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Ane Brun “A Temporary Dive” Review

Published in Blog, Culture Bully. Tags: , .

Norwegian born Ane Brun comes from an amazing background of international indie success. Her 2003 release, Spending Time with Morgan, was nominated for the 2003 Swedish Independent Music Awards and its follow-up, A Temporary Drive, went gold after only three weeks. This album is a beautifully expressive warp of emotion, stressing not merely abstract love but the despair and all that follows. The album’s fourth track, “My Lover Will Go,” is such a track. Finding that life alone becomes far too sobering, this intoxicating song saunters through a sad tale of abandoned efforts.

Far too often are female artists coupled; grouped together for no more reason than that of their sexuality and often not their sound. Brun adds an interesting take on this statement as she notes many contemporaries as her influences, something many shy away from doing for fear of those comparisons. Names like Wainwright, DiFranco, Cat Power and Jose Gonzalez are a few that stick out to me. This is important as while Brun may or may not be associated with these artists for their similar sounds, she seems to be associated with them on a far different level than many would assume. She’s not simply clumped in with female singer/songwriters, and she doesn’t seem to put herself aside from them by listing the great influence that many in that community have on one another. This sponge mentality is evident all throughout A Temporary Drive.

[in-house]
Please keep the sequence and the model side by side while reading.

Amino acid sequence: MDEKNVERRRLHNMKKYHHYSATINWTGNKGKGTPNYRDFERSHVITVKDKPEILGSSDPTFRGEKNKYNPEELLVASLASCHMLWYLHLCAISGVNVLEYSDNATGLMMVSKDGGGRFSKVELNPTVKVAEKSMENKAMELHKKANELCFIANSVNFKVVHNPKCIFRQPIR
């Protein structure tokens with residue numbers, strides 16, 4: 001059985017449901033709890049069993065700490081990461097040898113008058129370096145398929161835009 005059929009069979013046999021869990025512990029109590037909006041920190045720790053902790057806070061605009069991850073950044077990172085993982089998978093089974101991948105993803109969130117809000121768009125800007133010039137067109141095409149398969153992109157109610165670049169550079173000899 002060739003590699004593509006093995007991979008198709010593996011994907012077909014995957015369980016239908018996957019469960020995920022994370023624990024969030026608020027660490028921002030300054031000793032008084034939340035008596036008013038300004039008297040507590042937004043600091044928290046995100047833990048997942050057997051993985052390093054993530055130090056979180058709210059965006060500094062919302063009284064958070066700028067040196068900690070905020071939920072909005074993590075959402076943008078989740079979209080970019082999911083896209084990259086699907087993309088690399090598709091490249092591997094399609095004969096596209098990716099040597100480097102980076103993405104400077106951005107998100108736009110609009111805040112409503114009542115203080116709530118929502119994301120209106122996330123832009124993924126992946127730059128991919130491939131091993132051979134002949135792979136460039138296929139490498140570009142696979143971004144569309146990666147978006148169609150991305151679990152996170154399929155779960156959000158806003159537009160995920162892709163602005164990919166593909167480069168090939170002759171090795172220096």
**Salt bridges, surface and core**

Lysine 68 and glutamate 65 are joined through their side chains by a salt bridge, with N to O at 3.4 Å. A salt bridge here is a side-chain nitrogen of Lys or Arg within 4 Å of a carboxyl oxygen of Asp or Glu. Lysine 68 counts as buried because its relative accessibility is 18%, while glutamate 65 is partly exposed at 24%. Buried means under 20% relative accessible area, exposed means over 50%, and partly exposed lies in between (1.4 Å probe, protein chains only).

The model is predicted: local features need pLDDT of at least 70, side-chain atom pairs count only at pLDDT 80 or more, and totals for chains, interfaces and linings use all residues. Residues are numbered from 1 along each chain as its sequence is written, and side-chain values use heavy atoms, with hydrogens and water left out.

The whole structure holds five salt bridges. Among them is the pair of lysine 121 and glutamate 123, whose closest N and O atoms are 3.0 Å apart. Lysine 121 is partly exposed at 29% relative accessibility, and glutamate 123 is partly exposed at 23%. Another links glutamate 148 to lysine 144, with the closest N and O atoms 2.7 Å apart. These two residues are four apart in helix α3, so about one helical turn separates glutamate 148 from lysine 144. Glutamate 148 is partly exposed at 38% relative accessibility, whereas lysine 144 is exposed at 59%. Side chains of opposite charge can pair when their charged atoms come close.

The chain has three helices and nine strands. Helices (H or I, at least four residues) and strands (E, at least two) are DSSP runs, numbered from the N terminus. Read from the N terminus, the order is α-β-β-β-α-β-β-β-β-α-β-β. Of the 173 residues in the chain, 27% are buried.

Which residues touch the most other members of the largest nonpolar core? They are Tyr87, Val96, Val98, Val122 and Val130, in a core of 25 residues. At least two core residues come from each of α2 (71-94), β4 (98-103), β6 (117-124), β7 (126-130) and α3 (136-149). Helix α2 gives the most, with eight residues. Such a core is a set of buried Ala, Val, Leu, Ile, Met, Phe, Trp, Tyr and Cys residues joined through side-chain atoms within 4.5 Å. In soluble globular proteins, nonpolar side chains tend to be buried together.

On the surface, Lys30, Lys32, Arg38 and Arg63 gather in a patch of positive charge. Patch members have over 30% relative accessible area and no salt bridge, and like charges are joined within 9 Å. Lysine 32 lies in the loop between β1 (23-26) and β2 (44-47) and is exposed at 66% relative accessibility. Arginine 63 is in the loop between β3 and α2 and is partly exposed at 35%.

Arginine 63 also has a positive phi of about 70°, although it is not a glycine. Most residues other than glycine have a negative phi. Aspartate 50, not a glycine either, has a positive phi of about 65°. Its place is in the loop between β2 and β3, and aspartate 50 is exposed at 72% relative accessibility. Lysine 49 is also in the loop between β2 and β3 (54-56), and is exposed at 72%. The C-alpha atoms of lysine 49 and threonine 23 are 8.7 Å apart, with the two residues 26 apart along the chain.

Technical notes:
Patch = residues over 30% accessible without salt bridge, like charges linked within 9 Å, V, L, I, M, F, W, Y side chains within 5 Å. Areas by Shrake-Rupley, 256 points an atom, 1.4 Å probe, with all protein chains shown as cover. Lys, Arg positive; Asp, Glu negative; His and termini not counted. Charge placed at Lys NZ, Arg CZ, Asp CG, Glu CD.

I can only wonder how Ron Sexsmith helped shape her with his support on “Song No. 6.” The album is a smooth wave, where you can hear the bouncy DiFranco from time to time, Chan Marshall’s picking style, and Gonzales’ soft, gentle, romantic sound. The grace that is in the music is genuinely Brun’s despite the similarities. The songs and the stories are her own, and their beauty is a surprising simplistic one that I hadn’t expected. And most importantly, the desperate loss that is clearly evident in her words seem to find a healing power, helping show the allure of her pain, and the champion of her triumph.

[This post was first published by Culture Bully.]